• Prioritizing speed over accuracy – Boxing is exciting, so it can be tempting for newcomers with pent up energy and unrealistic expectations to throw everything they have at their opponents, as quickly as possible. This is obviously not a good idea, because it neglects the importance of patience, timing, accuracy, and form, all of which influence how hard you punch.
  • Weight lifting with the wrong intention – As your body gains muscle mass, it requires more effort to move around. In a fast-paced sport, such as boxing, this is disadvantageous. Weight training is great for strengthening the muscles you use for punching, so don’t neglect it entirely. Just keep in mind that your goal is to punch harder, not to pack on as much muscle as possible. 

Consider using boxing resistance bands to strengthen the muscles you use specifically for punching, and avoid over-training them.


To be an effective boxer or MMA fighter, one must train for power, speed, strength, and endurance. These four attributes are core to every punch you make and every step you take while in the ring or at the gym. Whether you’re an athlete seeking a competitive edge, or a fitness enthusiast pursuing an athletic body, there’s one piece of equipment that will immediately enhance your training.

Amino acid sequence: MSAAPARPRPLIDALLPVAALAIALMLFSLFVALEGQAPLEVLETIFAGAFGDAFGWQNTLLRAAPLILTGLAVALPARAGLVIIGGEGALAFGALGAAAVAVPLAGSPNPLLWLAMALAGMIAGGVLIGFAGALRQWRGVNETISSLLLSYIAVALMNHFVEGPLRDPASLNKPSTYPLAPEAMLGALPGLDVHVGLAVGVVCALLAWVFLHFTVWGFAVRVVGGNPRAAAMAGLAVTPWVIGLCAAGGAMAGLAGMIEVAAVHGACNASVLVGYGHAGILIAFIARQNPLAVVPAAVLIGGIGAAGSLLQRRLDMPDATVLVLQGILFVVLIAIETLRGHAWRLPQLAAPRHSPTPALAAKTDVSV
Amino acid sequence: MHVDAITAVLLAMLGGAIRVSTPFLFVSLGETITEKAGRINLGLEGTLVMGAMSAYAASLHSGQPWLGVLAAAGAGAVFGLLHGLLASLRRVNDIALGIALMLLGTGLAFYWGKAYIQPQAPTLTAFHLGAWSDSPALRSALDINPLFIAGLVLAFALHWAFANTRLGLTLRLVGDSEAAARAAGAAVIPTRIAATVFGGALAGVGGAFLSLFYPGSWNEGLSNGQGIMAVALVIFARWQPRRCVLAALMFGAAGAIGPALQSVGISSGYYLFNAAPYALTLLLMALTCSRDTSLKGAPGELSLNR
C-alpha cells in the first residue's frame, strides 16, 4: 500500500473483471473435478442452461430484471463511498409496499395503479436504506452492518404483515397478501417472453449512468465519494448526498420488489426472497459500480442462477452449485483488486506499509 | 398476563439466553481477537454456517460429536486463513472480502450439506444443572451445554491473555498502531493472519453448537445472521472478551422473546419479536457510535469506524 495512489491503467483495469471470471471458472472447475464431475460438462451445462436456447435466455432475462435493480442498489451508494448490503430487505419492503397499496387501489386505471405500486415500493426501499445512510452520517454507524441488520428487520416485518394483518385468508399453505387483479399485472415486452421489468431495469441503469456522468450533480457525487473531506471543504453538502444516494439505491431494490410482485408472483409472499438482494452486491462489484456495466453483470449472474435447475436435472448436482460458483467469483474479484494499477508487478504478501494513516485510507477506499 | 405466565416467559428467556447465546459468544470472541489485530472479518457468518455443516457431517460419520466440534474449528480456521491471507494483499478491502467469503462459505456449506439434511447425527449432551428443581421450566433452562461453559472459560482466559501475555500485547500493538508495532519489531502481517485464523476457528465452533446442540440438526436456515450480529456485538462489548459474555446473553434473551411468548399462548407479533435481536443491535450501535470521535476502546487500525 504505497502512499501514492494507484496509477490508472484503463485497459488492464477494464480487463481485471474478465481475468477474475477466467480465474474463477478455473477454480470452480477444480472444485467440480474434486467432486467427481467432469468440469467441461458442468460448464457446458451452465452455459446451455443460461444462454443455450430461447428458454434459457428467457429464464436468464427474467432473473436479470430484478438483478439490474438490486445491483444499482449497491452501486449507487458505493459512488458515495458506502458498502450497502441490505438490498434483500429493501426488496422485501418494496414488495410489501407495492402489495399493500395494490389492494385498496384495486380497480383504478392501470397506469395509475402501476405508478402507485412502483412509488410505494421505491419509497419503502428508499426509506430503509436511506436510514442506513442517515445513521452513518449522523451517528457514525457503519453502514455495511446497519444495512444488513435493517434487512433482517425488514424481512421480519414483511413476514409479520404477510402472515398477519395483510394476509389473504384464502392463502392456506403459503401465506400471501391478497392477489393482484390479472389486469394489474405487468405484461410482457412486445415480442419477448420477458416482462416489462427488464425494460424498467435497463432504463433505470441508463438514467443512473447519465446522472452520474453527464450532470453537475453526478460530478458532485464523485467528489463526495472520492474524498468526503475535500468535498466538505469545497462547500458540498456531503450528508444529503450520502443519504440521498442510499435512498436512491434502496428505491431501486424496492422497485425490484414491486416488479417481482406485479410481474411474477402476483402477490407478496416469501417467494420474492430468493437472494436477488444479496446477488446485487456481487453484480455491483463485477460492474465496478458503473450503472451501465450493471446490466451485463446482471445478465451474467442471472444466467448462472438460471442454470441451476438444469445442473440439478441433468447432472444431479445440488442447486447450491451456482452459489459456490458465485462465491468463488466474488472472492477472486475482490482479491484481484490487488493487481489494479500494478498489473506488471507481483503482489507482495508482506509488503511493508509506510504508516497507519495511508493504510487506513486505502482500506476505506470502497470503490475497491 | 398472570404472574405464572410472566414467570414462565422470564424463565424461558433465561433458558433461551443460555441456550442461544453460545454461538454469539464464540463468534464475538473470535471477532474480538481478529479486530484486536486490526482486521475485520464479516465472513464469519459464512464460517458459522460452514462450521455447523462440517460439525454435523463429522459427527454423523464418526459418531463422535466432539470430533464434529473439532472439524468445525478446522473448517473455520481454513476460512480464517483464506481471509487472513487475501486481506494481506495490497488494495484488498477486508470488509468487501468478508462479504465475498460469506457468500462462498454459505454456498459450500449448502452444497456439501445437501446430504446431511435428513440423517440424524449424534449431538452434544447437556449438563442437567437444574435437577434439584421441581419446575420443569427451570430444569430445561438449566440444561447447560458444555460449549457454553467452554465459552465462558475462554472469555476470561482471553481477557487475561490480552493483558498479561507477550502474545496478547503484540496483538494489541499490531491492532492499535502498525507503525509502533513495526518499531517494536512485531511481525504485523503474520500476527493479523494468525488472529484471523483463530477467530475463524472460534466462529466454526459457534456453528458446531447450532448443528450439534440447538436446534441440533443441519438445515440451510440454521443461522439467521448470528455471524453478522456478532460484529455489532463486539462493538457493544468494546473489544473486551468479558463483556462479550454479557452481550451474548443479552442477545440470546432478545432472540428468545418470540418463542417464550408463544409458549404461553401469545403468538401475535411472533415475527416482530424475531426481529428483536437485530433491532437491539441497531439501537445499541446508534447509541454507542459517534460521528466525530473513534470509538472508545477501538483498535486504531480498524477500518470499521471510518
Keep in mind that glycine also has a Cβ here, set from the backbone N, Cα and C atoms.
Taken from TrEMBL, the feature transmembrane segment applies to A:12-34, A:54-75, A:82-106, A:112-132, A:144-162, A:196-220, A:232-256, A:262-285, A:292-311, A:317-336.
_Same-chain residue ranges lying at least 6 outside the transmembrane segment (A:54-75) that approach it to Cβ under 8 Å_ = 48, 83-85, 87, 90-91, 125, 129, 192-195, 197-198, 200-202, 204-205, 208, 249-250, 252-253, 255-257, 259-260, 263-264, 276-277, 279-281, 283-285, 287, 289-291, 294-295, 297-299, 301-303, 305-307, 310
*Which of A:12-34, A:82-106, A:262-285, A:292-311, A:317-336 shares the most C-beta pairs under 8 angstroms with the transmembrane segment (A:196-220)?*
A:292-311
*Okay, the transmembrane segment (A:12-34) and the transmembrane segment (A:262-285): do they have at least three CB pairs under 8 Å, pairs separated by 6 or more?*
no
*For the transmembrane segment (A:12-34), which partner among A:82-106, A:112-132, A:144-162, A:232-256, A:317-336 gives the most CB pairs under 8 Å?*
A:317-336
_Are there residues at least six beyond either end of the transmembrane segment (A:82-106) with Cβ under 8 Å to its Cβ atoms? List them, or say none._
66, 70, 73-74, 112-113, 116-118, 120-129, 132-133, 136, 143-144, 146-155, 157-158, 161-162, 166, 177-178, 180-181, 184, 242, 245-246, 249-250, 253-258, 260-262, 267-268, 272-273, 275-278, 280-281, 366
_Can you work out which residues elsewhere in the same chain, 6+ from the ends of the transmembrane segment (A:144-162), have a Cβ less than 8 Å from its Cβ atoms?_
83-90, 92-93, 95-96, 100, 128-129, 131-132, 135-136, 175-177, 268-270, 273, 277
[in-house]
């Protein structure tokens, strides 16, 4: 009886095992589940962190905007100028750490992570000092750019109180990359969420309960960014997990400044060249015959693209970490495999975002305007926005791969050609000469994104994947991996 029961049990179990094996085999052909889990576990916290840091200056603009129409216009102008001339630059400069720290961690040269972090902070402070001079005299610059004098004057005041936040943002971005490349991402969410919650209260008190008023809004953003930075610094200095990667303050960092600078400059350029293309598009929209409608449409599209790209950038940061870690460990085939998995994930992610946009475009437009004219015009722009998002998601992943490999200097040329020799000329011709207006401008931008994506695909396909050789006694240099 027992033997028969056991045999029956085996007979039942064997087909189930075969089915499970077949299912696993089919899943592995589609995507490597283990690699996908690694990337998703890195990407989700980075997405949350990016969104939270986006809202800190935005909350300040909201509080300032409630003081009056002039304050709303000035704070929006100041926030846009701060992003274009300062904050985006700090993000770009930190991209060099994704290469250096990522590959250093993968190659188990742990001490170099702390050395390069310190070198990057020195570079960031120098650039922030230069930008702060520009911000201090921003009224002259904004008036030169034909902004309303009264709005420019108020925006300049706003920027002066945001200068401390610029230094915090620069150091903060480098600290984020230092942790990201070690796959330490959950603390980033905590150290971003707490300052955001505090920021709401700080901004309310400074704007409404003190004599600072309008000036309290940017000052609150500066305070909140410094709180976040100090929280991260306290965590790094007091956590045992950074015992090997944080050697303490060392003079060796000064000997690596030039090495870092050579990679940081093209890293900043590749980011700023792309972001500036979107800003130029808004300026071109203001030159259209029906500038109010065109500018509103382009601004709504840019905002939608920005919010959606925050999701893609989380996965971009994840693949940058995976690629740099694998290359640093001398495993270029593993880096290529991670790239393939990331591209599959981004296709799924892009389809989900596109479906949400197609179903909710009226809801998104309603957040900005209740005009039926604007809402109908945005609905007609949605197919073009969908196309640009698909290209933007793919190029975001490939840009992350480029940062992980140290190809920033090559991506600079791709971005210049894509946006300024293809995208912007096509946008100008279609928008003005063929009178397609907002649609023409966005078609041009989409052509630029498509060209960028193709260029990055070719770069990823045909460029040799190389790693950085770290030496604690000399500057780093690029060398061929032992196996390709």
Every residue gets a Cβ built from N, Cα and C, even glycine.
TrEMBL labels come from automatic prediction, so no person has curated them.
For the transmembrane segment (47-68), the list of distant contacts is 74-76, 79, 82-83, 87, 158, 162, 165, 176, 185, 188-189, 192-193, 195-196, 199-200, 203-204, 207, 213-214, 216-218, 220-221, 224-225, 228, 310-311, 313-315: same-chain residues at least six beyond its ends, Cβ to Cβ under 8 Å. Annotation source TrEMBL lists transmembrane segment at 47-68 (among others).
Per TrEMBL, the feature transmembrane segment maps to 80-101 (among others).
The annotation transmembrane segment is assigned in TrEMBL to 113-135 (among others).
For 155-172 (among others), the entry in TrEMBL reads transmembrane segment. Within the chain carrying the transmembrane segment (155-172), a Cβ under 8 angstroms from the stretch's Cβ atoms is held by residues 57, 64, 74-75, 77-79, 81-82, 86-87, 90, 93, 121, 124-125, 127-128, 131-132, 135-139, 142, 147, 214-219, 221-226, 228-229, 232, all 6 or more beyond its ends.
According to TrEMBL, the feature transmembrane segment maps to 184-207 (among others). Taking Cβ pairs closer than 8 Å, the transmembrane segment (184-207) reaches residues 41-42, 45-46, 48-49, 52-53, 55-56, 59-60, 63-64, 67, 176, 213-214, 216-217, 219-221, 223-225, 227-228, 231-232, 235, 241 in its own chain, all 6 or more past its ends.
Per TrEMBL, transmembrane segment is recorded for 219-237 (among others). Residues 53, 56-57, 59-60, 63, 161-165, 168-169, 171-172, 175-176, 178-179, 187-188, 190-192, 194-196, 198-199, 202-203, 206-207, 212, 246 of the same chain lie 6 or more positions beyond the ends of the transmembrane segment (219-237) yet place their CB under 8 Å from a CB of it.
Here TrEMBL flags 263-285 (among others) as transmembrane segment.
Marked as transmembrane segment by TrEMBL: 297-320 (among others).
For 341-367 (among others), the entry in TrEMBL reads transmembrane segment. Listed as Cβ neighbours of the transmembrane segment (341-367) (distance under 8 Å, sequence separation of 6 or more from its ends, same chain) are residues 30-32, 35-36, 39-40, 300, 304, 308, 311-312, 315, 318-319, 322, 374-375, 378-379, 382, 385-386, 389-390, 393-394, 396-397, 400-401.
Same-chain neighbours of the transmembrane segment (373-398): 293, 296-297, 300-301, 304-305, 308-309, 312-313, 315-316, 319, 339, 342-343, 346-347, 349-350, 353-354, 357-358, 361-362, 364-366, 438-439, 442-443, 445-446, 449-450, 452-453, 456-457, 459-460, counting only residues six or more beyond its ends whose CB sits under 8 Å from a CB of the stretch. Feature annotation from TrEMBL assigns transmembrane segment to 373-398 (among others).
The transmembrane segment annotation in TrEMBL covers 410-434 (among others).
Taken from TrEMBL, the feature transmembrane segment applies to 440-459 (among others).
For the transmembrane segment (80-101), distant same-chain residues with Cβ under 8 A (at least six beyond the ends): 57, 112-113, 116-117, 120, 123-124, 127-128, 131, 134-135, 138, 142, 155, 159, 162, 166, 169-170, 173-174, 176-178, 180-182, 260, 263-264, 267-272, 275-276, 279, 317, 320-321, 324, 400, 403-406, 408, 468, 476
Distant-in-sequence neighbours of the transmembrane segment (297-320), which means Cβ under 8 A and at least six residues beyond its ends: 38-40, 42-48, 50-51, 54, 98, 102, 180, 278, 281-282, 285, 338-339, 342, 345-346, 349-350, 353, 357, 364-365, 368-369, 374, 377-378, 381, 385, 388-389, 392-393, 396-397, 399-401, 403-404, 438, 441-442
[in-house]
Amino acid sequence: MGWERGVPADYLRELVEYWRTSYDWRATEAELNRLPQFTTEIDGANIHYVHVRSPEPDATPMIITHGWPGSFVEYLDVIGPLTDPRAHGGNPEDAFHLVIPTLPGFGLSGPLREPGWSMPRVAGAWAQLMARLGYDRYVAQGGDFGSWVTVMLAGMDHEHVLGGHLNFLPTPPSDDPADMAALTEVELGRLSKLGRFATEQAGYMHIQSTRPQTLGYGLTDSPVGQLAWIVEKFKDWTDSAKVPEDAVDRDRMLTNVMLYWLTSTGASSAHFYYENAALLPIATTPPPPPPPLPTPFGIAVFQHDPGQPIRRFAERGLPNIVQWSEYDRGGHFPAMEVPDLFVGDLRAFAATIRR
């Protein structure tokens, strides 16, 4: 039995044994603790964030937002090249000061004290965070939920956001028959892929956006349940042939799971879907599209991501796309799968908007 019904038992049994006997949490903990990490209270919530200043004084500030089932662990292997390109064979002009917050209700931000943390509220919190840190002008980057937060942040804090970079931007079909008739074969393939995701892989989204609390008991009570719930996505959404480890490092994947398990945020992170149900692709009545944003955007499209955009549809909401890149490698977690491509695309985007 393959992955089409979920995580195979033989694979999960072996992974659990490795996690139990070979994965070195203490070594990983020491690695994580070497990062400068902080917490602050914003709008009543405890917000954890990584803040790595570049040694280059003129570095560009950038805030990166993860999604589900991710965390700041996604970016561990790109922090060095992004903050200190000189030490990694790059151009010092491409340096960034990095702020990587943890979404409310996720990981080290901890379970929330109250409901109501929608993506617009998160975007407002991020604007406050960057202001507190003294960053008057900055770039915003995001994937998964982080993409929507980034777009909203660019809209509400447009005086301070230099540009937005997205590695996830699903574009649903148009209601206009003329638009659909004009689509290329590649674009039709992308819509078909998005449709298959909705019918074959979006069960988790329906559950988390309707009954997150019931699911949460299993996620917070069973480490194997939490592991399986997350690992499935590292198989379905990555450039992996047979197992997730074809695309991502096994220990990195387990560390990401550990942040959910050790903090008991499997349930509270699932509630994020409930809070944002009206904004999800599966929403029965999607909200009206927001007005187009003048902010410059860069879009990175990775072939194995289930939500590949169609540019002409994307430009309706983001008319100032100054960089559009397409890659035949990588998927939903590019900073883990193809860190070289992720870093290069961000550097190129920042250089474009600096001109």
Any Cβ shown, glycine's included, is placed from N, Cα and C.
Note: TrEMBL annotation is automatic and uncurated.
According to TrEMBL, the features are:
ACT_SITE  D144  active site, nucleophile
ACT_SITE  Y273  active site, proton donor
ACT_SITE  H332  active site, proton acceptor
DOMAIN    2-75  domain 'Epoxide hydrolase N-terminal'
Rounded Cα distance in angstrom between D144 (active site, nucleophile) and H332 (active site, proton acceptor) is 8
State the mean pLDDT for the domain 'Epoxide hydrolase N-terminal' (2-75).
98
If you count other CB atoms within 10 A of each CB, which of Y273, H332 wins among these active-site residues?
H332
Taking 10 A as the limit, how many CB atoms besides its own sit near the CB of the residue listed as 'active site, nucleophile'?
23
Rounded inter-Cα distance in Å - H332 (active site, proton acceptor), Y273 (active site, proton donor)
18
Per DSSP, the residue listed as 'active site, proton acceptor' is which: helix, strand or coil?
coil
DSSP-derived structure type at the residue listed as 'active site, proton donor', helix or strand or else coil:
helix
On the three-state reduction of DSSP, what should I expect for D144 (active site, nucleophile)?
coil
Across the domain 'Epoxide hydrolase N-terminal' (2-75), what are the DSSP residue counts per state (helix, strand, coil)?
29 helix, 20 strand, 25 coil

Boxing resistance bands are widely adopted by professional fighters and fitness trainers for their scientifically proven ability to increase punching power and speed, while also improving the user’s strength and endurance. They’re a highly versatile tool for targeting key upper and lower body muscles that boxers use whenever they throw a punch.